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Maximizing Your Medical Appointment

Maximizing Your Medical Appointment

Take notes either on paper or via your phone.

Last week, I discussed the issue of building trust with our medical providers. We take a huge gamble when we place our lives in the hands of physicians and other health care professionals.  In my last blog, I talked about how to find a doctor and make an appointment. This week I offer tips on how to best use your time together.

When you meet the doctor, there are ways to maximize your brief time together. Here are a few suggestions:

  • Make eye contact before speaking to the physician. Once you begin talking, your doctor may take notes. This does not mean s/he is not listening.
  • When describing your symptoms, begin with the general picture and end with the specifics. Example: My stomach hurts. I feel nauseous in the morning.
  • Discuss subjective information first and then move to the objective and/or quantifiable.  Example: I feel tired. I have slept 15 hours nearly every night for the past 3 weeks.
  • Describe the impact the problem has on your life. Example: I am so tired I am unable to exercise.
  • Be brief and prioritize.  Start with the most important details and if there is time, you can add the less important information in at the end.
  • Ask for clarification. If your doctor uses words or explanations you do not understand, ask her to clarify or simplify her words.
  • Take notes. If the doctor makes suggestions, write them down either on paper or via your phone. Ask him to spell any words you might want to refer to later, such as a diagnosis, medication or procedure.
  • Take a friend. This is especially important for appointments that may be long, complicated, or not routine. Ask your companion to take notes for you.
  • Express any reservations. If your doctor suggests a treatment plan that you have some concerns about, say so. Sometimes these concerns can be easily addressed.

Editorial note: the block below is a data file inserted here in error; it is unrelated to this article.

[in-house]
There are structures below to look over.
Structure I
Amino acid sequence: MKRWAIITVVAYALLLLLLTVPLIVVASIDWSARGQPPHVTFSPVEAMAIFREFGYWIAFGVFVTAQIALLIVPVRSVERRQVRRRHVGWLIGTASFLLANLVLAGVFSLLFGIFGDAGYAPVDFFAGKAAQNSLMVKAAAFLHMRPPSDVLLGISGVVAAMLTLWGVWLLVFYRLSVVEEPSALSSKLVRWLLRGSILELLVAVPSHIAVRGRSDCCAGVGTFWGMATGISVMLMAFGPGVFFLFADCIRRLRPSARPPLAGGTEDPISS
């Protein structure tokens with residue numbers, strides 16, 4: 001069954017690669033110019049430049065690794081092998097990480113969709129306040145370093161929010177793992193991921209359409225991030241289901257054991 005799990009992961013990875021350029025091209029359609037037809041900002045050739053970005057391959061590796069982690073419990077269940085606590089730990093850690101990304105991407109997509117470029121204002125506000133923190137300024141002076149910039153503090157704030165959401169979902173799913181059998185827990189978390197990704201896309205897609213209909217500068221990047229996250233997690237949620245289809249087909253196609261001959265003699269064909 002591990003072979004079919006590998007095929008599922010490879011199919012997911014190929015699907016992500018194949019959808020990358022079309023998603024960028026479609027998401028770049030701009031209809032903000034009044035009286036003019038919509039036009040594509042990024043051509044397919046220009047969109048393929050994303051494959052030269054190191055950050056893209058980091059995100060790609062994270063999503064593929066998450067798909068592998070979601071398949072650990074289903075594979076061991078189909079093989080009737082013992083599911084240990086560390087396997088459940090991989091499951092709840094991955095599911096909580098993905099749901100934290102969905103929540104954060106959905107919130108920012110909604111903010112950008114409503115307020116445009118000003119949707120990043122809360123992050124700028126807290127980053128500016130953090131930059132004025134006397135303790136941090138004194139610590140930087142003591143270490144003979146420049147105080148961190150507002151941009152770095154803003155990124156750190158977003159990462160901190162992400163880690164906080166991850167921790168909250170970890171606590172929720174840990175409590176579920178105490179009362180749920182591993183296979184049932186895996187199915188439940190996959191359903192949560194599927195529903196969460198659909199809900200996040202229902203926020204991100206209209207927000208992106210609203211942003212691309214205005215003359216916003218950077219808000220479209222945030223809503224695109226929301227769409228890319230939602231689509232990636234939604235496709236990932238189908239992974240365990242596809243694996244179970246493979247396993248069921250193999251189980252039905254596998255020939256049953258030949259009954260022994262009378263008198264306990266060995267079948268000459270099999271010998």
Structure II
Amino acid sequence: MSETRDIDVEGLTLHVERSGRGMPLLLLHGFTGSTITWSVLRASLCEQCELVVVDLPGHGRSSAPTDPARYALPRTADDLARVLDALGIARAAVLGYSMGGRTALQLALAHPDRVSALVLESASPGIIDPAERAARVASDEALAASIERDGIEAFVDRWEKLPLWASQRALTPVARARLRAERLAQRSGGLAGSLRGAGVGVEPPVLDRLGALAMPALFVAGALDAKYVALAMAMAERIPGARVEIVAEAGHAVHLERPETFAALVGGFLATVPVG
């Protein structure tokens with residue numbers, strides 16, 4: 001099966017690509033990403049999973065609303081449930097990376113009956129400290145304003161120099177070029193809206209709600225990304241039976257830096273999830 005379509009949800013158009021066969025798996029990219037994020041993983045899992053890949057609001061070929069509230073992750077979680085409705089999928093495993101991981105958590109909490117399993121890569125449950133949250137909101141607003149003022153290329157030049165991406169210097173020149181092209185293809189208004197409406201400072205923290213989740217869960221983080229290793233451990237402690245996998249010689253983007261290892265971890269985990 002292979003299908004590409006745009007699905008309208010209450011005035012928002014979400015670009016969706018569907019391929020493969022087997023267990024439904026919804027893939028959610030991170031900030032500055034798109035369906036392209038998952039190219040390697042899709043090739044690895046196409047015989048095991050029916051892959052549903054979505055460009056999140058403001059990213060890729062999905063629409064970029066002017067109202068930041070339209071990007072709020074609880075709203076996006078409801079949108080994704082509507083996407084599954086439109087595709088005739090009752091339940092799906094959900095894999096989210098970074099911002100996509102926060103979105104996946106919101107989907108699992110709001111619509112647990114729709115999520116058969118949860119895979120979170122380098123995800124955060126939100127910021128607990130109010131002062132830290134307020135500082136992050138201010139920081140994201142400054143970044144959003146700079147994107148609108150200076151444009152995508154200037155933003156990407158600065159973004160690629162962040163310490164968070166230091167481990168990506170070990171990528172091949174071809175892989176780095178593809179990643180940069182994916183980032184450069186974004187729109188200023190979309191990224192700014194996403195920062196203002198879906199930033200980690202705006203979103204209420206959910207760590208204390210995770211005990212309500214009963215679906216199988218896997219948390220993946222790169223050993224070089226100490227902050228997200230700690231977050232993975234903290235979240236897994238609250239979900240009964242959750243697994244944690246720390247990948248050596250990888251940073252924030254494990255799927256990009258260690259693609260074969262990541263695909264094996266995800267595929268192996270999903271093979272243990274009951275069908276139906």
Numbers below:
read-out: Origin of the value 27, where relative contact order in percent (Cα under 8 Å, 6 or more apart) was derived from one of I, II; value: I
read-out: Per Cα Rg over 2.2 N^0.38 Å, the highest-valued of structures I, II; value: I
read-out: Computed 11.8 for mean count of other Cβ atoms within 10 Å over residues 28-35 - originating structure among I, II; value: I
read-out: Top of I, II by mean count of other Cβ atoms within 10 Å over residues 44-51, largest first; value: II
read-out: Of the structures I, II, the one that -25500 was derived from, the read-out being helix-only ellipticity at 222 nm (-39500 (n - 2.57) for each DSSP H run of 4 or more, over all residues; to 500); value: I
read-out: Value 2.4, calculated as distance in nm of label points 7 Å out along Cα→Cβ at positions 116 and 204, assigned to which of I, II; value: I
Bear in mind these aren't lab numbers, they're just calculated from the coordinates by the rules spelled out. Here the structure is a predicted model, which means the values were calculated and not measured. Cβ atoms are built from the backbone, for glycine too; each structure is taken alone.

• Ask if there are any alternatives. If your doctor makes a treatment suggestion and it is not one that you are prepared to follow, ask about the alternatives.
  • Keep an open mind. This can be your strongest ally. It is amazing how many people will not try a medication because of their fear of side effects, only to find out later that the reality was not anywhere near their imagination.
  • Maintain your own health records. It can really help expedite matters if you bring copies of your most recent pertinent laboratory and biopsy results.
  • Discuss the follow-up plan. If you are scheduled to have diagnostic tests, ask the doctor when you can expect the results and how these results are conveyed to you. If the results are going to be disclosed at your next appointment and if there is going to be a long interval between appointments, ask how you can obtain earlier results.

It usually takes more than one appointment to establish trust. First impressions are not always right. Even the most personable and capable physicians have bad days. Patients do not always make great first impressions either. We are often scared and hide our fear with defensiveness or other mechanisms that inhibit a good relationship. If you do the groundwork, in time the relationship will strengthen. If it does not, look for another doctor. It is your right. Remember that you are the leader in your health care team. You are managing your care; not your physician and not your insurance company.

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